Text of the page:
TORONTO — At some point in the first quarter of Monday night’s loss to the Chicago Bulls, Jonas Valanciunas caught his left hand in someone’s jersey and felt a familiar pain. It was eerily similar to the sensation he felt nearly four months ago, when Kobe Bryant fouled him on the same hand and fractured Valanciunas’ fourth metacarpal, which you know as the bone below the knuckle on your ring finger. This was obviously cause for concern.
Valanciunas was ferried to the Raptors locker room for X-rays, which came back negative, but the swelling and soreness in the area was significant enough for the Raptors medical staff to hold him out of the rest of the game. A couple hours later, with the hand bundled thick in a tensor wrap and poking out from the sleeve of his black hoodie, Valanciunas said he didn’t know much more than the rest of us about the injury.
“It feels better than last time, but it’s almost the same spot,” he said. “It’s not broken. I didn’t re-break it. The X-rays were negative. So, we’re going to take it day-by-day.”
This is no doubt alarming for the Raptors, who will be counting on a healthy Valanciunas to be productive in the playoffs when teams begin to clamp down on Toronto’s primary scorers, Kyle Lowry and DeMar DeRozan. Valanciunas was one of the better Raptors on the floor against the Bulls until he left the game nine-and-a-half minutes into the first quarter, scoring eight points on three-of-three shooting, pulling down a couple rebounds and blocking a shot.
Officially, the team is calling Valanciunas’ injury a left hand contusion and saying they’ll treat it symptomatically. The 23-year-old will travel with the team to Milwaukee late Monday night, but it’s unclear if he’ll play against the Bucks on Tuesday. It’s also unclear if Valanciunas could have continued in the game Monday night if there were more on the line than the Raptors’ losing streak against the Bulls (it’s at nine in a row now, by the way), as the seven-foot Lithuanian dodged a question about whether the injury was something he might be able to play through.
“I went back, the doctors checked it, and they told me to not come back into the game, because they wanted to examine it more. So, I did what they told me to do,” Valanciunas said. “We’ll see. We’re going to talk with [Raptors athletic trainer] Scott [McCullough,] see what he thinks about it. And we’ll see.”
Bismack Biyombo and relative newcomer Jason Thompson combined to play the rest of the game at centre for the Raptors, with Lucas Nogueira nailed to the bench, possibly because he played 31 D-League minutes earlier in the day for Raptors 905. Biyombo was actually one of the more effective Raptors when it came to trying to swing the momentum of the game, as he blocked six shots and grabbed four offensive rebounds, both team highs.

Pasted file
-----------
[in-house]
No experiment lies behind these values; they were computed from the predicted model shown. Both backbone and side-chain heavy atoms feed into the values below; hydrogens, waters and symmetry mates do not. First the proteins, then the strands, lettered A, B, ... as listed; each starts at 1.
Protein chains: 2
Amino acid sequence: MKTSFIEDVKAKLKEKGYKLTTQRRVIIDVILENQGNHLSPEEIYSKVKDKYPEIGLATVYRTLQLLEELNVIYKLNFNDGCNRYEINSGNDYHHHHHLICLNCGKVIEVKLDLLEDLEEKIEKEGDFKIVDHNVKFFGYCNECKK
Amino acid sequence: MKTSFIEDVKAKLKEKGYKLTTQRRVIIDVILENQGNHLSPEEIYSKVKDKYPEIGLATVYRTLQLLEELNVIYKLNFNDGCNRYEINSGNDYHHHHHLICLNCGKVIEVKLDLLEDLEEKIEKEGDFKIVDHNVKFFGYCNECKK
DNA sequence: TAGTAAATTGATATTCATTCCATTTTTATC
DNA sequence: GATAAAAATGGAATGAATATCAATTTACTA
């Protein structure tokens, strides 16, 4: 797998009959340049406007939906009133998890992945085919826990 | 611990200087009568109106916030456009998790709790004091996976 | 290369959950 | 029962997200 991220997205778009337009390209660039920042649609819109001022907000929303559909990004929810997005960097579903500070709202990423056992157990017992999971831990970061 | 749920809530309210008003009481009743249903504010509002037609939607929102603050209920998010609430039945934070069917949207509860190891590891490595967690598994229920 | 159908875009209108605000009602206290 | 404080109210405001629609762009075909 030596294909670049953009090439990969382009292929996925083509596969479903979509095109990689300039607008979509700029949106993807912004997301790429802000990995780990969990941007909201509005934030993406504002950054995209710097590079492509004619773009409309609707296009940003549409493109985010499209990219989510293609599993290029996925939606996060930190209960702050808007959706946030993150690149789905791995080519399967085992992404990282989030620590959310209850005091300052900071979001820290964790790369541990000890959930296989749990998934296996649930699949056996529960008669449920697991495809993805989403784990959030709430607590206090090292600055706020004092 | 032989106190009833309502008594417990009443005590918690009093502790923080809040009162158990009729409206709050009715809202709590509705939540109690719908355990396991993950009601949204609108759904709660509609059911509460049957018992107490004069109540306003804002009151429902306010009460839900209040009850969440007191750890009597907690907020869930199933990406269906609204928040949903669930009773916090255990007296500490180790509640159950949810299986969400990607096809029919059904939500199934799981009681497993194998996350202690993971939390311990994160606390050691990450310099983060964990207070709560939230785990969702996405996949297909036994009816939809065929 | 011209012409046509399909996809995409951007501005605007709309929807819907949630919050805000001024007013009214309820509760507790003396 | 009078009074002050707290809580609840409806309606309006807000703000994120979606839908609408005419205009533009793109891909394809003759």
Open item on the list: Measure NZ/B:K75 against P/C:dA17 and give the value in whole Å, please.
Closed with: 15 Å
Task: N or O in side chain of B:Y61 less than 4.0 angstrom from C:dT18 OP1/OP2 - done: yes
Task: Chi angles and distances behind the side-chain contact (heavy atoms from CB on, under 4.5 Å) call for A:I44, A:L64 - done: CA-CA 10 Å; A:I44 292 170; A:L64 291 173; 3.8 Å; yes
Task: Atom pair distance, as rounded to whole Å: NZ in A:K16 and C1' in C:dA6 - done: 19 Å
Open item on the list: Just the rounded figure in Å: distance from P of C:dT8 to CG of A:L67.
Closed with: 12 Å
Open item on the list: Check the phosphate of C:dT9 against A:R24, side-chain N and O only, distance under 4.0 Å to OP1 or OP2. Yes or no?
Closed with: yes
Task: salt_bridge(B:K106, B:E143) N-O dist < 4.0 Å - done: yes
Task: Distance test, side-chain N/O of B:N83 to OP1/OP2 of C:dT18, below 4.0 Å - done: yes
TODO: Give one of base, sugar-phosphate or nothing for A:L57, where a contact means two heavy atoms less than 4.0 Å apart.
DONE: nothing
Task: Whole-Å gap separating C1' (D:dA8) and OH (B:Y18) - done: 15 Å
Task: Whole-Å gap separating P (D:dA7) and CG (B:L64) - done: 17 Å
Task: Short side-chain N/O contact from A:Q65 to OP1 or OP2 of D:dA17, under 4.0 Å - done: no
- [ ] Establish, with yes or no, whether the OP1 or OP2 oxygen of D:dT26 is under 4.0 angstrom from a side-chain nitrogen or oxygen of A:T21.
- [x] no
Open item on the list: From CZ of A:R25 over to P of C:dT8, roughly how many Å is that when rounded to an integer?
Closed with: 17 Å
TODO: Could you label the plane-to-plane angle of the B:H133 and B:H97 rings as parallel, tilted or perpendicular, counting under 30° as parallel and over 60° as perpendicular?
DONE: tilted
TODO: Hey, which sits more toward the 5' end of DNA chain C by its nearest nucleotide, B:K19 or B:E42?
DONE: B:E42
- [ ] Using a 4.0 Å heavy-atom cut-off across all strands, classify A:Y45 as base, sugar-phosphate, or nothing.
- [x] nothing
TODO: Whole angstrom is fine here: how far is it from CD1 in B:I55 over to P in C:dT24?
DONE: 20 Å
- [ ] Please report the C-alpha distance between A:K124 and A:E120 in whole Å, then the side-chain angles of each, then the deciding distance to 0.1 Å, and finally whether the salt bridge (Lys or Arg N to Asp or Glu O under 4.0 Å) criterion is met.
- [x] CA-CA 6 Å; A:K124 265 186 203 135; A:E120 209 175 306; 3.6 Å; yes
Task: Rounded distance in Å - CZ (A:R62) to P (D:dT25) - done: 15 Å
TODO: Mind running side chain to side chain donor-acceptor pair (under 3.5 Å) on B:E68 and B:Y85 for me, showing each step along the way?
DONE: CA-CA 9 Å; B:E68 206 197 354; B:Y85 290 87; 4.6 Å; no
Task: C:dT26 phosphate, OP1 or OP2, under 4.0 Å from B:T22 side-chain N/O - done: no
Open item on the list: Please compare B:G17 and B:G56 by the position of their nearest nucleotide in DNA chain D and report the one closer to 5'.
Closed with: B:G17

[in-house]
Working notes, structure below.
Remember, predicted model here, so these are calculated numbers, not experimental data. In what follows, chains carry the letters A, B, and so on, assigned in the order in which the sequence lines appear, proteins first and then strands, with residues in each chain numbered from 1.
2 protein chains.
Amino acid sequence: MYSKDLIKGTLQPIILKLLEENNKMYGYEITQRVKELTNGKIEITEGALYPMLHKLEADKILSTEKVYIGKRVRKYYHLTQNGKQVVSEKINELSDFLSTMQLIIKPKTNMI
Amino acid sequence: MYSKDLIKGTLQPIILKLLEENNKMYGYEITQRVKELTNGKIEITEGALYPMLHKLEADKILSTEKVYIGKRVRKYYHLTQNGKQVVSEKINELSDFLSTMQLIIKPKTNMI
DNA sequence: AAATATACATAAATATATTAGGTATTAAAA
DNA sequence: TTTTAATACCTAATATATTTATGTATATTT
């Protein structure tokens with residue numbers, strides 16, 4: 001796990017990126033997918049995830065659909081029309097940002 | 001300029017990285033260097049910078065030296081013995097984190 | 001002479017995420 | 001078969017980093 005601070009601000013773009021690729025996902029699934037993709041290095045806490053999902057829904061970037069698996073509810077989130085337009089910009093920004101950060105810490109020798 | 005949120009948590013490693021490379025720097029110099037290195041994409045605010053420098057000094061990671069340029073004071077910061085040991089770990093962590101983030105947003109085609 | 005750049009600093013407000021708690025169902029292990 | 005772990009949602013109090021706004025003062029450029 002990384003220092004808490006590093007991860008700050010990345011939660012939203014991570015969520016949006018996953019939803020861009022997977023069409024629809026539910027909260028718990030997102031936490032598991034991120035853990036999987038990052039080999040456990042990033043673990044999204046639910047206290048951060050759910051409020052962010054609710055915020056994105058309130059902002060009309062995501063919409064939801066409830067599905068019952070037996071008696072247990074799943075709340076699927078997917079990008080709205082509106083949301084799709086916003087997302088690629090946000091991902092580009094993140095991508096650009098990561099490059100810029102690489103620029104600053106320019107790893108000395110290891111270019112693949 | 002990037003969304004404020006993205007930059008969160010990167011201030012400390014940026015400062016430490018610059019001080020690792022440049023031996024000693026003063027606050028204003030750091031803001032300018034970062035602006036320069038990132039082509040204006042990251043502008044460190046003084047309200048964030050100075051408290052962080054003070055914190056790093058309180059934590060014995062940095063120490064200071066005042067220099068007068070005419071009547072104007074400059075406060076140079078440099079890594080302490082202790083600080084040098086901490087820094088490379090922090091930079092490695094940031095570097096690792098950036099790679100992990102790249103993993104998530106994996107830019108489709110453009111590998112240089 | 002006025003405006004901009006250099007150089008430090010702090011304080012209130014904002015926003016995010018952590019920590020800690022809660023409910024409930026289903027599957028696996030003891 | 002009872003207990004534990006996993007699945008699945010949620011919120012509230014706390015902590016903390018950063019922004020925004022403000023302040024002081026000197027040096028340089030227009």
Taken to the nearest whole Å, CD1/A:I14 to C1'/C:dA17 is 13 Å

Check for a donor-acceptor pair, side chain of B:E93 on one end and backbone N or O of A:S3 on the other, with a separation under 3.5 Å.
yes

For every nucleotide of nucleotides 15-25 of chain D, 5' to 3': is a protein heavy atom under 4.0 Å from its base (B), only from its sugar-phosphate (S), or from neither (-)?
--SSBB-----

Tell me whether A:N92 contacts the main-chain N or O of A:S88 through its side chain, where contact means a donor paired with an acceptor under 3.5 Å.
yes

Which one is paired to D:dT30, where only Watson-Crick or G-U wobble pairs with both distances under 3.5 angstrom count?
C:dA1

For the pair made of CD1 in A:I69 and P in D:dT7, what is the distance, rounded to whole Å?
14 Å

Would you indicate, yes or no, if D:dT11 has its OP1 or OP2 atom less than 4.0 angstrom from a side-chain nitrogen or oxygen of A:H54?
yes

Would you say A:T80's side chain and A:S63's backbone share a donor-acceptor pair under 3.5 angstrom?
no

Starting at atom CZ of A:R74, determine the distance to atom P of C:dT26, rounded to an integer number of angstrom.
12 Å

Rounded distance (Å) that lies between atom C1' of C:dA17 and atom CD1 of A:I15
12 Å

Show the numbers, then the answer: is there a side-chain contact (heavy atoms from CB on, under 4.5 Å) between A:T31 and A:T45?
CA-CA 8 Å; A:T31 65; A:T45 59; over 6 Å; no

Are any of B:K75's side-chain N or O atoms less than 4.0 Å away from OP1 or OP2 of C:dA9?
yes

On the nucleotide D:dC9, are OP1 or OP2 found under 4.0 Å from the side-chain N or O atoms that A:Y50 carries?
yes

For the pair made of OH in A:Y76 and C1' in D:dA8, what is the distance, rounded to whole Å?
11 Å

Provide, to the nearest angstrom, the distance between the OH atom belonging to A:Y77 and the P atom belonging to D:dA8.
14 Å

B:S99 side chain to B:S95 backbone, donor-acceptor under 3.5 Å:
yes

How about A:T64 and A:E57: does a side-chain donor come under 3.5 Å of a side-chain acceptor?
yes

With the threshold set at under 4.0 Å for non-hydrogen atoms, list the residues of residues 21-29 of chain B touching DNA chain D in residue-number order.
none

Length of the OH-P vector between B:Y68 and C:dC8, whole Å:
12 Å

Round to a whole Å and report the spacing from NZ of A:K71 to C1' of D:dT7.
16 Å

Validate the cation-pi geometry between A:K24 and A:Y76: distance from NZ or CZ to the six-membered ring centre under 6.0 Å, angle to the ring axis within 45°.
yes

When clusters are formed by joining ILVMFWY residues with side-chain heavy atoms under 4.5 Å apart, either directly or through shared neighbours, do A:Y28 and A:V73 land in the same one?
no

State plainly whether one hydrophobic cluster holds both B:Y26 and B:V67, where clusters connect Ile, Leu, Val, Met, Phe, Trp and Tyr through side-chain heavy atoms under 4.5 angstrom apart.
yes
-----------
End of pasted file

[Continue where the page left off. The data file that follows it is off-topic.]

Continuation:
“That’s what I was trying to do—trying to find a way to get the energy going,” Biyombo said. “I take pride in that. But it’s no different for me. I just go out there and try to do the same thing I do every day; try to do my job like I always do. More than anything, I’m trying to get my teammates a win. But tonight wasn’t our night.”
Biyombo, who normally logs about 22 minutes per game, played almost 26 on Monday, while Thompson, who hasn’t even seen the floor in four of his seven games as a Raptor, chipped in nearly 13.
Thompson considers himself a hybrid between a power forward and a centre, with the ability to play both positions and even switch between them within a game. But the 29-year-old is still learning the Raptors offence, which limited what he was able to contribute Monday night.
“I thought he came in and gave us a punch; gave us a little lift,” Raptors head coach Dwane Casey said. “He’s definitely behind at the centre position. But we needed his activity because they were smaller with [Taj] Gibson and [Bobby] Portis at the five. So, we needed [Thompson] to run around, and I thought he gave it to us.”
Thompson has been busy during his time with the Raptors, logging long hours in the video room with his coaches as he works to pick up his new team’s systems. He’s also had plenty of help from his teammates, especially Luis Scola who is constantly offering his take on Thompson’s progress.
When Thompson started in the veteran power forward’s place last week—as the 35-year-old Argentinian earned his first full night of rest this season—Scola spent practically every stoppage in play coaching Thompson up on the particulars of the Raptors’ offensive and defensive schemes.
“It’s a good situation, because the guys are so informative when it comes to teaching me things. I’m trying to soak up all this information like a sponge,” Thompson said. “It gets better day by day. I’ve only been here a couple weeks. So, I’m still learning and always asking the guys about different spots and where to be and things like that. I feel like my timing is getting better.”
If Valanciunas misses any action going forward, it will be interesting to see how Casey divvies up his minutes at centre. When Valanciunas was out with the broken hand earlier in the season, Casey often used Scola as his centre while mixing and matching at power forward. He could opt to return to that strategy or to use a combination of Biyombo, Thompson and Nogueira to fill Valanciunas’ absence.
Either way, any games on the bench for Valanciunas will likely result in more playing time for the versatile Thompson, who says he’s ready to fill in wherever the team needs him.
“You just gotta stay ready. That’s the work you put in behind the scenes that nobody sees, just to make sure you’re in shape and you’re ready to do things offensively and defensively whenever the team needs you,” Thompson says. “I’ll be ready regardless. I’ll keep talking to all the guys, asking questions of Pat [Patterson] and Luis, trying to notice spots during the game. And hopefully a couple weeks from now they won’t have to tell me anything, and we’ll all just be on the same page all the time.”